How To Be The Philanthropist That Makes A Difference

Save this for later. 

The next time you’re approached by a charity, come back to this article.

That’s if you want to avoid the funders’ remorse, and feel confident that every penny you give is spent well.

Kafui and Steph will be our guides. Why them? Because they sit between the people you want to help and funders like you. Kafui is CEO of FAST London and Steph is Co-founder of Doceo.

Their charities have both benefited from strong relationships with effective philanthropists. By 2024, these relationships will help to change over 10,000 lives.

Based on these conversations, here are 4 ways that you, as a philanthropist, can build a trusting relationship with charity.


What is an effective philanthropist, and why does it matter?

Philanthropy is the desire to promote the welfare of others, especially by donating money to good causes. An effective philanthropist is a person who makes it happen.

Donating to charities is a great way for you to address problems you care about. Like outsourcing the problem solving to other passionate people. 

If every UK multimillionaire gave 1% of their annual income, we would have £46.4m more for charities. But we have to make sure that £46.4m is well spent. 

Next time you consider a charity, apply these 4 things to ensure success.


How To Be An effective philanthropist…

1. Prioritise trust

Prioritise building trust.

25% of HNWI say a lack of faith in how charities are run is a barrier to giving. Some of this is down to misconceptions, but some is because of legitimate issues in the sector. How do you decide who to fund?

Look for expertise, transparency and results. 

At FAST London, Kafui is teaching young people trust, resilience and hope for the future. They live next door to the young people they help.

Funders visit the clubs, meet the young people and hear what the community says about their work. You want this level of access to a charity. But there’s more to it.

Doceo gives disadvantaged young people essential life skills to enter the workforce. They select programmes based on the young people’s personal experiences and conversations with recruiters. You want to understand their theory of change.

How do you build trust? Ask the right questions.

Ask to see impact data, annual reports, case studies, a theory of change, beneficiaries and more. If you’re interested, they should be able to share this with you.

If you can’t trust them, don’t fund them.

But let’s say you can trust them. What’s next?


2. Set effective expectations

Expectations help you achieve goals. But unrealistic expectations are premeditated resentments. Managing expectations is key.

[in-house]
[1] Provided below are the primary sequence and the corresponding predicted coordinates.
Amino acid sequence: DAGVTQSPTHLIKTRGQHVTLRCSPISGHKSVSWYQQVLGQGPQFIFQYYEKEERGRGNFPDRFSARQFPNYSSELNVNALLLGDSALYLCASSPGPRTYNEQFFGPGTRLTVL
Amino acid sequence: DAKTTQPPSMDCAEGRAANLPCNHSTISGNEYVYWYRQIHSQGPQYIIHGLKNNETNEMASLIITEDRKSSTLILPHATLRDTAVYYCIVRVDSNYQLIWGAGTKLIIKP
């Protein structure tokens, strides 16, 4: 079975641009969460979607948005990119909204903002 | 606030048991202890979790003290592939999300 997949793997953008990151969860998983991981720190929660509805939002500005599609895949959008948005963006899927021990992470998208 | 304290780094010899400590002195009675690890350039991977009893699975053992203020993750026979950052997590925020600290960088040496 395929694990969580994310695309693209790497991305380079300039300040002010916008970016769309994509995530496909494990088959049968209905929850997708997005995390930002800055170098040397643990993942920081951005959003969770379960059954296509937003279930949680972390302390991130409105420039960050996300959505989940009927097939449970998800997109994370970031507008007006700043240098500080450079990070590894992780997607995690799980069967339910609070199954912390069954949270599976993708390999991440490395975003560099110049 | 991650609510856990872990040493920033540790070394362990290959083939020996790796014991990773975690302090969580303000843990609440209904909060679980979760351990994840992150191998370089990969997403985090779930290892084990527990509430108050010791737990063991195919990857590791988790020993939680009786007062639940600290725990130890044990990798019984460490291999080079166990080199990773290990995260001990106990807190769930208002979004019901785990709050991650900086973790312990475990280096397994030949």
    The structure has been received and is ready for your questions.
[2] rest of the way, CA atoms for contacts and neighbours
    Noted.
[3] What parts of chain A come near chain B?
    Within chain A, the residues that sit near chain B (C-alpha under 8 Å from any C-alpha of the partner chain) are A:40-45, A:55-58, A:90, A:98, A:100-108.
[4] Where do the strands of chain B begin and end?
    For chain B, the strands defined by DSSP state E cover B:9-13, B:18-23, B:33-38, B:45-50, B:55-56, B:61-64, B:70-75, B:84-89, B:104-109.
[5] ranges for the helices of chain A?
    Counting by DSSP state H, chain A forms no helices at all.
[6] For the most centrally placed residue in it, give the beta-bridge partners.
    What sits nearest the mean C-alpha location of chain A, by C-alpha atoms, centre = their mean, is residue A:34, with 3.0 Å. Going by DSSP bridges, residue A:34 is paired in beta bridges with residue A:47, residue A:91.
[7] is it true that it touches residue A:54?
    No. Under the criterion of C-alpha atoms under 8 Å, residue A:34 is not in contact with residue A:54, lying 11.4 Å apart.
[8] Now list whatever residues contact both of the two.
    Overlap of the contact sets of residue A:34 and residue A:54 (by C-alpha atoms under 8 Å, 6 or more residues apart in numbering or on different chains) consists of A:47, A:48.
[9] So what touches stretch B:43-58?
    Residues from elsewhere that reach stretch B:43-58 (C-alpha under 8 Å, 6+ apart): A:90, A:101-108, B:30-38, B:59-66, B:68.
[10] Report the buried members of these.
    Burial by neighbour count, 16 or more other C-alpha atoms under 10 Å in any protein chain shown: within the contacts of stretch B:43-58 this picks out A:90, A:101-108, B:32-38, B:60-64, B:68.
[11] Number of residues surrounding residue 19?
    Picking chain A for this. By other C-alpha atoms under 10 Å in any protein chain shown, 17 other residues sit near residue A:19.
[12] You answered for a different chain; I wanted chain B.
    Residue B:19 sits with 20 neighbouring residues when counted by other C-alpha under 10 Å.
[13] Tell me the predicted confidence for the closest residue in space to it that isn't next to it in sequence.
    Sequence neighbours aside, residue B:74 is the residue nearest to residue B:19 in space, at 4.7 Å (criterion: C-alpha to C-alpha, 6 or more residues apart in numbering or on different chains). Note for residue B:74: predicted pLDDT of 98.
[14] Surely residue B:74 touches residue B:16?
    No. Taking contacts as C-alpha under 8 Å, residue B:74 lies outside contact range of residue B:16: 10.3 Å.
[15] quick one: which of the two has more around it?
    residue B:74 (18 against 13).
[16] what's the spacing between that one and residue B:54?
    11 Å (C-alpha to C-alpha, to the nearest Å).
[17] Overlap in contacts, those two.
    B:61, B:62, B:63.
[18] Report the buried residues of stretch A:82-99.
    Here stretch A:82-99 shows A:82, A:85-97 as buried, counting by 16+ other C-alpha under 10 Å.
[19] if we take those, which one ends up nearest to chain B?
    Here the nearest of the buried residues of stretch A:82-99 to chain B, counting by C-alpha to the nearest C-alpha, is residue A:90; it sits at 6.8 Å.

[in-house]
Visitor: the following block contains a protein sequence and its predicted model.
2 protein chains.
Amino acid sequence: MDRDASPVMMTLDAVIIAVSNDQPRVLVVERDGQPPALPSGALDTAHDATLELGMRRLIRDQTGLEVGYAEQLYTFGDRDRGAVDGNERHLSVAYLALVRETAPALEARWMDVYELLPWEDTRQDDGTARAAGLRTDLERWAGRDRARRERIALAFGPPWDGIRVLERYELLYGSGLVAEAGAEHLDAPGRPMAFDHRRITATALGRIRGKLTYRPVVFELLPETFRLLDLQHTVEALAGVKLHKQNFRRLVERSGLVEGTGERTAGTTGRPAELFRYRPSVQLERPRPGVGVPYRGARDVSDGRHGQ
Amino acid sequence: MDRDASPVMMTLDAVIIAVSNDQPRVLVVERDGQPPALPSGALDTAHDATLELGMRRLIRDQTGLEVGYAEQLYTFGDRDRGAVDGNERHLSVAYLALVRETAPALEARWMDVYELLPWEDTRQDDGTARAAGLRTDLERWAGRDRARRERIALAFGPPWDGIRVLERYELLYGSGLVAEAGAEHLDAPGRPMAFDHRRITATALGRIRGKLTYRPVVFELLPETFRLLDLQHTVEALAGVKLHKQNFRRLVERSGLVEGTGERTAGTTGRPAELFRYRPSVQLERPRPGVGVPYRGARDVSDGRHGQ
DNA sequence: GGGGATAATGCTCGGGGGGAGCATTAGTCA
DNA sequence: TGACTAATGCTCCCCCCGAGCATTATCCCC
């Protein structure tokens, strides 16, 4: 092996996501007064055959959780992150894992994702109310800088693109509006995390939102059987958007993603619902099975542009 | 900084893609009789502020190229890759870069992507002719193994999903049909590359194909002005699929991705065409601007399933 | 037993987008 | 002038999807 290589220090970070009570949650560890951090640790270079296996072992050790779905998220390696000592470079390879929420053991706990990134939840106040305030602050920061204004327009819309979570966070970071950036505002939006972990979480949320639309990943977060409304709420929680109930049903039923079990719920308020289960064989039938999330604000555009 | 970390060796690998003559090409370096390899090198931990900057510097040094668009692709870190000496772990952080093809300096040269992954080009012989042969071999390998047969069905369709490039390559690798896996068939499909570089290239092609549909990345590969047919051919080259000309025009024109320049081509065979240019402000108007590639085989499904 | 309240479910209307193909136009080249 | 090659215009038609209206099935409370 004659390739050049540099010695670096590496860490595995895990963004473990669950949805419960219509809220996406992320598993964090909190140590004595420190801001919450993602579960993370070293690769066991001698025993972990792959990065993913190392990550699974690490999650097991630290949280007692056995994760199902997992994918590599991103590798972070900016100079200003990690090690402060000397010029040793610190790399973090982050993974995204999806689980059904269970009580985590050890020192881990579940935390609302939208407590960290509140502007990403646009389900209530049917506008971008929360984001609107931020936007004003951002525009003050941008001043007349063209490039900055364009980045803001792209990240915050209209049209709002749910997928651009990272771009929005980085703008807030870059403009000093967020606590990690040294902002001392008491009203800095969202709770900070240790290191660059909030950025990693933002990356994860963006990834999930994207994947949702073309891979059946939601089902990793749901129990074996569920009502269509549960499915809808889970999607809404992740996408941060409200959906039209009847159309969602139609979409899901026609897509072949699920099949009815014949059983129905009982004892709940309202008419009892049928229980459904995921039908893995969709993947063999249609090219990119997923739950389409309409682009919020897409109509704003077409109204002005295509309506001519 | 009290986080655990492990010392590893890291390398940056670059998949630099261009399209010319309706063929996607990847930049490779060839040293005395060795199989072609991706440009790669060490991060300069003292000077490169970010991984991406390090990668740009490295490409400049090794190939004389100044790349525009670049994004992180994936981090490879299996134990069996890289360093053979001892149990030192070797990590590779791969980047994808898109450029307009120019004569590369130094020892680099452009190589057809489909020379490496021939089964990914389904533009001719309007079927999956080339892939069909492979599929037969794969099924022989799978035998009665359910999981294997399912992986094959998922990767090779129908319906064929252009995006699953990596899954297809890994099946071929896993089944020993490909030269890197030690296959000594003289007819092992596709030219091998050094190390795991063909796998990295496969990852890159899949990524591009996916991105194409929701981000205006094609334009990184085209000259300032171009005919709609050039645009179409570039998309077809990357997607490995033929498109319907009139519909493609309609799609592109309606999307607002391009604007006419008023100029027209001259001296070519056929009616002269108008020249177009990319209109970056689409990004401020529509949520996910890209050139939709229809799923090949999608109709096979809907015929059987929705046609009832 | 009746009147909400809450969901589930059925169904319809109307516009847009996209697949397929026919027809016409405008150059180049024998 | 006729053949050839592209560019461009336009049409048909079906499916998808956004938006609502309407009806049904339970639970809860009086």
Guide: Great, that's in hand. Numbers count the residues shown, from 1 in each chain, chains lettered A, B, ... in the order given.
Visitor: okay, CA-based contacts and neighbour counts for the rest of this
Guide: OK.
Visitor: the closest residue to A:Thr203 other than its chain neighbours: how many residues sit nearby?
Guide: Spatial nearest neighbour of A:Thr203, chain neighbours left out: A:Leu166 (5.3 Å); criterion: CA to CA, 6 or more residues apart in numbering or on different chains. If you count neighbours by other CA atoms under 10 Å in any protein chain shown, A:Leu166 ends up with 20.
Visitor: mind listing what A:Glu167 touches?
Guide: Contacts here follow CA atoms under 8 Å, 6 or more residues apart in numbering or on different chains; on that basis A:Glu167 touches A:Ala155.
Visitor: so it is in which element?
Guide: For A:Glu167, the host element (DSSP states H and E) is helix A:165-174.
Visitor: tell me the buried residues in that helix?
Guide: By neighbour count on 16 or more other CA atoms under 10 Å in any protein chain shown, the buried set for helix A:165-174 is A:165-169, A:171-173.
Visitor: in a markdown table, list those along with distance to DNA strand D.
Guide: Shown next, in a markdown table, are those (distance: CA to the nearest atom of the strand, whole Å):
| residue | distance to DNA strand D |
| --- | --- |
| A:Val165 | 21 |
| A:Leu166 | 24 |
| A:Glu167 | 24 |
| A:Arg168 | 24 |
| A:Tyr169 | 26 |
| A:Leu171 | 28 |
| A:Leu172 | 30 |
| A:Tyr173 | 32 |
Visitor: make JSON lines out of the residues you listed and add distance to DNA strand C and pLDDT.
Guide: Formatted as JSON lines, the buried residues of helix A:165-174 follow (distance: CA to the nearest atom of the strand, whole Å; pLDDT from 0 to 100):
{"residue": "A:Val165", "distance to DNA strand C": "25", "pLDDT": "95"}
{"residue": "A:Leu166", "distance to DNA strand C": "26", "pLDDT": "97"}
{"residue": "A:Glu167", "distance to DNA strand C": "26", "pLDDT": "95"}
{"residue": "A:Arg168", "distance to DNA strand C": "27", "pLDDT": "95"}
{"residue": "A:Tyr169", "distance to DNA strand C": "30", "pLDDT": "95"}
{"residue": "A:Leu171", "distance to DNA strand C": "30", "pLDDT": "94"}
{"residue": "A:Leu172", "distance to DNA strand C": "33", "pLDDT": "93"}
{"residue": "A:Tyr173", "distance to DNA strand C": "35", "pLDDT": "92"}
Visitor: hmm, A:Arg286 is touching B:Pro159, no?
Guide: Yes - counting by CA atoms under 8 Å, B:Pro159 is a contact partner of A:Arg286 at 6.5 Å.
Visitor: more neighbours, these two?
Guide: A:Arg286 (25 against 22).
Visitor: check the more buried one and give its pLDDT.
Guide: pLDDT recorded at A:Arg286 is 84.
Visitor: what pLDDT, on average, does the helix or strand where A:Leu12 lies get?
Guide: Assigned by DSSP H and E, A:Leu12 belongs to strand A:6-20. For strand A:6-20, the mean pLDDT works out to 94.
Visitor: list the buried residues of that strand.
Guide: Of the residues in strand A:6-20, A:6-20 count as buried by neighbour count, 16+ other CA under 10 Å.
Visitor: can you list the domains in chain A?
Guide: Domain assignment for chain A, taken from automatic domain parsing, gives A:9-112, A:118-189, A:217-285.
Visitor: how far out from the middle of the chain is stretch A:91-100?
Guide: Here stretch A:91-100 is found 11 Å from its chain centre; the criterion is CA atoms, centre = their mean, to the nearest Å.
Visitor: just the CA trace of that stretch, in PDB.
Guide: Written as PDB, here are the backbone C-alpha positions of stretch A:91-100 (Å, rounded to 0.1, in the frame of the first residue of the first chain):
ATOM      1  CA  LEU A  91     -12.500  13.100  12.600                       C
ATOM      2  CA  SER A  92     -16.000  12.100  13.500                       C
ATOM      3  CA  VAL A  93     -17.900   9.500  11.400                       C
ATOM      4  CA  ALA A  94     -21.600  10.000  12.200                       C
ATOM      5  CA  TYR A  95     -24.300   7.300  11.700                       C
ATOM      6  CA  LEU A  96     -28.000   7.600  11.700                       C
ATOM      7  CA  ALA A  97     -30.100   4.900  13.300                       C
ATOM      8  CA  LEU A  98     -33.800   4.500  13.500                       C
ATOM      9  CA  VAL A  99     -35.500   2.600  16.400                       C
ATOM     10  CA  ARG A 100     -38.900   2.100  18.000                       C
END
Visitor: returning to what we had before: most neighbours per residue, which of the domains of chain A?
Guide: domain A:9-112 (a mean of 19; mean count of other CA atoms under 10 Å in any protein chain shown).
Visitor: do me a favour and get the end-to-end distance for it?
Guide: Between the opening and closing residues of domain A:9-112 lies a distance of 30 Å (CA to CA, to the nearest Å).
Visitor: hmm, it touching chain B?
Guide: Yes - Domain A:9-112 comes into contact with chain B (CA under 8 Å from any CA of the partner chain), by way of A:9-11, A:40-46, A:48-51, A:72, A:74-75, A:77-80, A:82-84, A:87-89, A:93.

Have guideline expectations in 3 key areas:

  1. Interaction with you
  2. Running the charity
  3. Solving the problem

Kafui highlights that “in a small charity 3 or 4 of key functions are done by one person.” If you’re expecting a weekly catch up call with a small charity, that would take a lot of time away from delivery.

And if you’re expecting to determine exactly how the charity spends your money, remember, they should be the experts. If you’ve built trust with them, you can trust their approach.

How can you set expectations? Have a kick-off call. Talk about plans for communication and spending. Listen but also challenge them. Take notes so you can refer back to them for accountability. Charities often have to adapt, but some can lose sight of their end goal. Clear expectations will keep your philanthropy on track.


3. Communicate regularly (enough)

Effective communication is crucial. Any relationship, personal or professional, requires input from both sides. Here’s why.

Your chosen charity wants to plan. You’re a part of their plans. They want you to see their work. You want to know your money is making an impact. You might have other skills that can help.

You won’t know any of these things if you only skim read a newsletter every 4 months. Your charity must engage with you, but you need to engage as well.

At Doceo, Steph says “At the bare minimum [expect] regular updates….All of our donors sign up for our mailing list.”.

If you invested in a business, you would keep up to date to safeguard your investment. Philanthropy works the same way.

Read the updates, reports, attend events, see any press, and ask important questions. You could volunteer. Every week? Not necessary. Once a quarter? That could work.

But what happens when you’ve done all the above, and it’s still not working. If you’re considering ending charity support…


4. Know your why

Remember why you care. In the words of Jeff Bezos, be “stubborn on vision and flexible on details”.

Knowing your “why” will keep you focused on the end goal, keep you inspired and guide you to make the most impact. 

Steph has a great suggestion. “Know the impact that the funding is having and the impact that the lack of funding would therefore have.” A simple exercise like this can put into perspective the impact (or lack thereof) of your support.

Take a pen? Pause for 2 minutes and write down what you care about. Why did you start in the first place? Why this issue? It will reassure you to keep going on or highlight that it’s best to try a different charity. Whatever you do, don’t give up. 

The people you set out to help still need you. You just need to find the best way to support them.

Society needs effective philanthropists. You can be one. 

These 4 pillars will help you to maximise the impact of your cheque, and work exceptionally well with the charities you invest in.

Start now.

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